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J Med Primatol. 2003 Apr;32(2):74-81.

Quantitative evaluation of Enterocytozoon bieneusi infection in simian immunodeficiency virus-infected rhesus monkeys.

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Tufts University School of Veterinary Medicine, North Grafton, MA, USA.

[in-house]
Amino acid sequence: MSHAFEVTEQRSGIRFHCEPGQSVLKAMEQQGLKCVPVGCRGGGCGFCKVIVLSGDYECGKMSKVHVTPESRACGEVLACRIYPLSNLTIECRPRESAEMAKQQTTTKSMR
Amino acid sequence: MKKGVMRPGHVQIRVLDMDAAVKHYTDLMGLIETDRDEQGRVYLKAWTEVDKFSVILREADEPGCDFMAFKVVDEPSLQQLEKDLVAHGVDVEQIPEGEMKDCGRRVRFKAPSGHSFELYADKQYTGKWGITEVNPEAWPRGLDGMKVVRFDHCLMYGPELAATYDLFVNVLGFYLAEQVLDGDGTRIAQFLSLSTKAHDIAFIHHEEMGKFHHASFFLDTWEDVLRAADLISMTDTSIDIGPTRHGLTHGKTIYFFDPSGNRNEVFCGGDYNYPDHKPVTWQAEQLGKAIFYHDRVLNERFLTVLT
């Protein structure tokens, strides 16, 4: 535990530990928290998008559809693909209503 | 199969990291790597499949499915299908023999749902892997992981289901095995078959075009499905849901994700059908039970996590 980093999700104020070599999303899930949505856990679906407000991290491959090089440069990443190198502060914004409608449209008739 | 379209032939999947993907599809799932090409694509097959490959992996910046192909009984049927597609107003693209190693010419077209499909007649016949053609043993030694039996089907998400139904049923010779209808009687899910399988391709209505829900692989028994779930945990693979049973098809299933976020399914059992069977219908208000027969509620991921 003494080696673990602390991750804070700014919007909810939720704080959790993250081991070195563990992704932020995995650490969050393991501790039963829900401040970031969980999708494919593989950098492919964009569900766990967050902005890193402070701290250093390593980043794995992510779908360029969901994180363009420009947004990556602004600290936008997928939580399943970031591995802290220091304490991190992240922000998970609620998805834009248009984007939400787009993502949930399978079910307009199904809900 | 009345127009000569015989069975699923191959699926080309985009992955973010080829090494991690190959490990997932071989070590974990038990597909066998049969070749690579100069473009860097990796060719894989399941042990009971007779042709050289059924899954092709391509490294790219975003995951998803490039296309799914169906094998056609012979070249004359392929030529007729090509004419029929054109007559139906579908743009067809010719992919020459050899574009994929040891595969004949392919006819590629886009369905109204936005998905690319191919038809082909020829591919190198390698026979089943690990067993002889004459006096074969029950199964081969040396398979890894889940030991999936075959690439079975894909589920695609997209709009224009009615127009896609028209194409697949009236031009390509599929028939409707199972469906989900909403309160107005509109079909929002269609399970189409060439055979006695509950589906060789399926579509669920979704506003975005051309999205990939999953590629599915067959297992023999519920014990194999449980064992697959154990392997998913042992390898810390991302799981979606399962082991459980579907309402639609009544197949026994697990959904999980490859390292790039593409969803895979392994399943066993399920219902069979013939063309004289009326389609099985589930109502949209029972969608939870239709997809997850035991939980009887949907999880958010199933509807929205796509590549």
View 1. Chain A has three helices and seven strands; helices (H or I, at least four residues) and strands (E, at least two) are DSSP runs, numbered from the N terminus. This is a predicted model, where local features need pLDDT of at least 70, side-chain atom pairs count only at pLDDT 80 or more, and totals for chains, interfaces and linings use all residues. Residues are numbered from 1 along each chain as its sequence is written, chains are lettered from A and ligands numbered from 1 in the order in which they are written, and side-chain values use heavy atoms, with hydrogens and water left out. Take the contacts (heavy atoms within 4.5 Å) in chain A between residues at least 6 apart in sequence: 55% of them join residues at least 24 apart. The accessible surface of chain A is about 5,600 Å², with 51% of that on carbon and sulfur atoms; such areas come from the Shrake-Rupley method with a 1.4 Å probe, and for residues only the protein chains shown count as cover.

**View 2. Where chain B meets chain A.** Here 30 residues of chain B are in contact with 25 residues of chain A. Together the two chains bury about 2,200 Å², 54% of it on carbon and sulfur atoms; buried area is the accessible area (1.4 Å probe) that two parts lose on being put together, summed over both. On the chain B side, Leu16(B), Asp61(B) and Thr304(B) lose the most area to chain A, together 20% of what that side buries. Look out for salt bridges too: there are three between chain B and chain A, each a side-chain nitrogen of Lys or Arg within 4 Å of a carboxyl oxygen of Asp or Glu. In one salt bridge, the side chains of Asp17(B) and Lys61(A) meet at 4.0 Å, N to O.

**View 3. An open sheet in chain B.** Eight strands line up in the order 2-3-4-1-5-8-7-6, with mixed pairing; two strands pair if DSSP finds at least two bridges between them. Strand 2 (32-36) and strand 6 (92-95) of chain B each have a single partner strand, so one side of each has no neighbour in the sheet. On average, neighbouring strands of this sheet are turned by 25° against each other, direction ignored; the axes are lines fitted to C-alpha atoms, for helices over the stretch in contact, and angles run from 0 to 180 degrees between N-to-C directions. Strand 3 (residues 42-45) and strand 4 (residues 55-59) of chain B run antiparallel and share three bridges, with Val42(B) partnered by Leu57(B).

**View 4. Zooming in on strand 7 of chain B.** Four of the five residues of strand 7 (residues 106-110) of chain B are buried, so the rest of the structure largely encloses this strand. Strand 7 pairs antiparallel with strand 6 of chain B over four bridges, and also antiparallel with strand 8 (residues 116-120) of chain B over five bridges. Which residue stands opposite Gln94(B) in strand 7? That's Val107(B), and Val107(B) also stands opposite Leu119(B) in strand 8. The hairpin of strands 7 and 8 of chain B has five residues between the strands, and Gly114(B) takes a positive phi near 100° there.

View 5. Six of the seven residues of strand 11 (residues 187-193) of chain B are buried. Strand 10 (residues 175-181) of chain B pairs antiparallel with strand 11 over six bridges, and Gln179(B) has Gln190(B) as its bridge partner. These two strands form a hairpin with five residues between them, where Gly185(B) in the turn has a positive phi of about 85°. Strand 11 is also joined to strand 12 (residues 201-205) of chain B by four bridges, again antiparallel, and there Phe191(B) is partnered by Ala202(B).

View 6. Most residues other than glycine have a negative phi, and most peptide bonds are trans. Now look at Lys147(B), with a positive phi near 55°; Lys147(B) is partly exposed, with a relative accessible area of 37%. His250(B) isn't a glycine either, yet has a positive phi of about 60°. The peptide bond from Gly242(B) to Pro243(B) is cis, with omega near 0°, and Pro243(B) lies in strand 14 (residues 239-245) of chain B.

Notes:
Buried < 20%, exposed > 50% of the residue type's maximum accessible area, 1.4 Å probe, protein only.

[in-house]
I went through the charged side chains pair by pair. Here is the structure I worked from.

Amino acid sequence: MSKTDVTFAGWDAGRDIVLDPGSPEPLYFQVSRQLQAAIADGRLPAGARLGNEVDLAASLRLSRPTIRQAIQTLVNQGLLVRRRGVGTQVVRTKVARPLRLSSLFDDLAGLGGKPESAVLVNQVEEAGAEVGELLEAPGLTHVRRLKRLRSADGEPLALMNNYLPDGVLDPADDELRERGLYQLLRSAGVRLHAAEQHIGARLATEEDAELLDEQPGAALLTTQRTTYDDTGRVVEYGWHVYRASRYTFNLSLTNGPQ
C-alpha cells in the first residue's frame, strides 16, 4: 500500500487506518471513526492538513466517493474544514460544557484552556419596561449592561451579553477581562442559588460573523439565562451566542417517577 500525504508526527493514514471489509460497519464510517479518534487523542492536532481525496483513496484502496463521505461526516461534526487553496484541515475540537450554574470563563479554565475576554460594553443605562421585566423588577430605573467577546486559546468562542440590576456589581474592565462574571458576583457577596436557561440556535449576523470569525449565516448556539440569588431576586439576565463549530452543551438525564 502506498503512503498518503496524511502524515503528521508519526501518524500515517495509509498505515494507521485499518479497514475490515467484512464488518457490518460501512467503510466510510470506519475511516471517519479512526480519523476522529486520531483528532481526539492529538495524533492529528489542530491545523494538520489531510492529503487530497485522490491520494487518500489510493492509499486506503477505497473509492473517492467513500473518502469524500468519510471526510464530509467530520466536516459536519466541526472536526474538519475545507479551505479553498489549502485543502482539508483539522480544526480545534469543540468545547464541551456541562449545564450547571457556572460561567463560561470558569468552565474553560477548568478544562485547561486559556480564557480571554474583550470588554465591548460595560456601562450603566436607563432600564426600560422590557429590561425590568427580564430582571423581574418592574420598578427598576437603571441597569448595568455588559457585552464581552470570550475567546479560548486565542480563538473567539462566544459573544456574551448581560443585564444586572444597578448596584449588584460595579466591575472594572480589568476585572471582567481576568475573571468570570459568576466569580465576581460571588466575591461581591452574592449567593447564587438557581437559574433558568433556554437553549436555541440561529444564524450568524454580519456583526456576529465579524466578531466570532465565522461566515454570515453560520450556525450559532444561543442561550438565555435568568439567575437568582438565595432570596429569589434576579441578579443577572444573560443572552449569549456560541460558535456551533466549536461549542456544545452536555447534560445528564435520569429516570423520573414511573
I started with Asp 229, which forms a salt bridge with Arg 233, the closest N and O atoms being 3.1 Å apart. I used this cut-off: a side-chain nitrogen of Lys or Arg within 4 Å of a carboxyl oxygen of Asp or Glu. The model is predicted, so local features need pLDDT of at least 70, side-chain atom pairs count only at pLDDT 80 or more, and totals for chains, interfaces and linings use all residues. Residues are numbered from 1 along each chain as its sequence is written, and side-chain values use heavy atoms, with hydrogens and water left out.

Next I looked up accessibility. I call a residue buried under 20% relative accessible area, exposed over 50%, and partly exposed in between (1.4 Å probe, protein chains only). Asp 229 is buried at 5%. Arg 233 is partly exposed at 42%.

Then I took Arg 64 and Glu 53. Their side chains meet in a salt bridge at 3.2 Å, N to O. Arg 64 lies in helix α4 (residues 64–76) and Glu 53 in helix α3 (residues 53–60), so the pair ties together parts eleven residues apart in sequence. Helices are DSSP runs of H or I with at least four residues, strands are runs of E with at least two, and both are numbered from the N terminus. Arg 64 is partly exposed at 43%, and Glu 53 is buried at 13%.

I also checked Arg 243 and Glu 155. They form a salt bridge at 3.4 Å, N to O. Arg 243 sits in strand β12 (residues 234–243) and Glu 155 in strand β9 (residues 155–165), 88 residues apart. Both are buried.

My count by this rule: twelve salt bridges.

The association of the microsporidia Enterocytozoon bieneusi with chronic diarrhea and wasting in individuals with acquired immunodeficiency syndrome (AIDS) has been demonstrated. The disease caused by E. bieneusi has been linked to decreased levels of circulating CD4+ T lymphocytes. In this study, we investigated the relationship between the extent of excretion of E. bieneusi in feces of simian immunodeficiency virus (SIV)-infected juvenile macaques and the CD4+ T lymphocyte counts in the peripheral blood. Twelve juvenile rhesus monkeys (Macaca mulatta) were intravenously inoculated with the pathogenic molecular clone SIVmac239. Numbers of CD4+ T lymphocytes were assessed by three-color flow cytometry. The presence of E. bieneusi DNA in feces was assessed by nested PCR. In addition, selected samples of feces were examined by competitive quantitative PCR to assess the level of E. bieneusi infection. Low (n = 5) to undetectable (n = 7) quantities of E. bieneusi were present in feces of the twelve animals in prior to inoculation with SIV. After SIV inoculation the number of animals shedding E. bieneusi increased (n = 10) as did the quantity of E. bieneusi shedding in the feces. Of the twelve juvenile animals, five animals died within 8 months post-SIV inoculation with symptoms of AIDS. Four of the five deceased animals showed shedding of E. bieneusi DNA in feces (> or =100 spores/g) for at least three consecutive months. Increased number of E. bieneusi in feces was accompanied by decreased counts of circulating CD4+ T lymphocytes and increased SIV plasma viral load.

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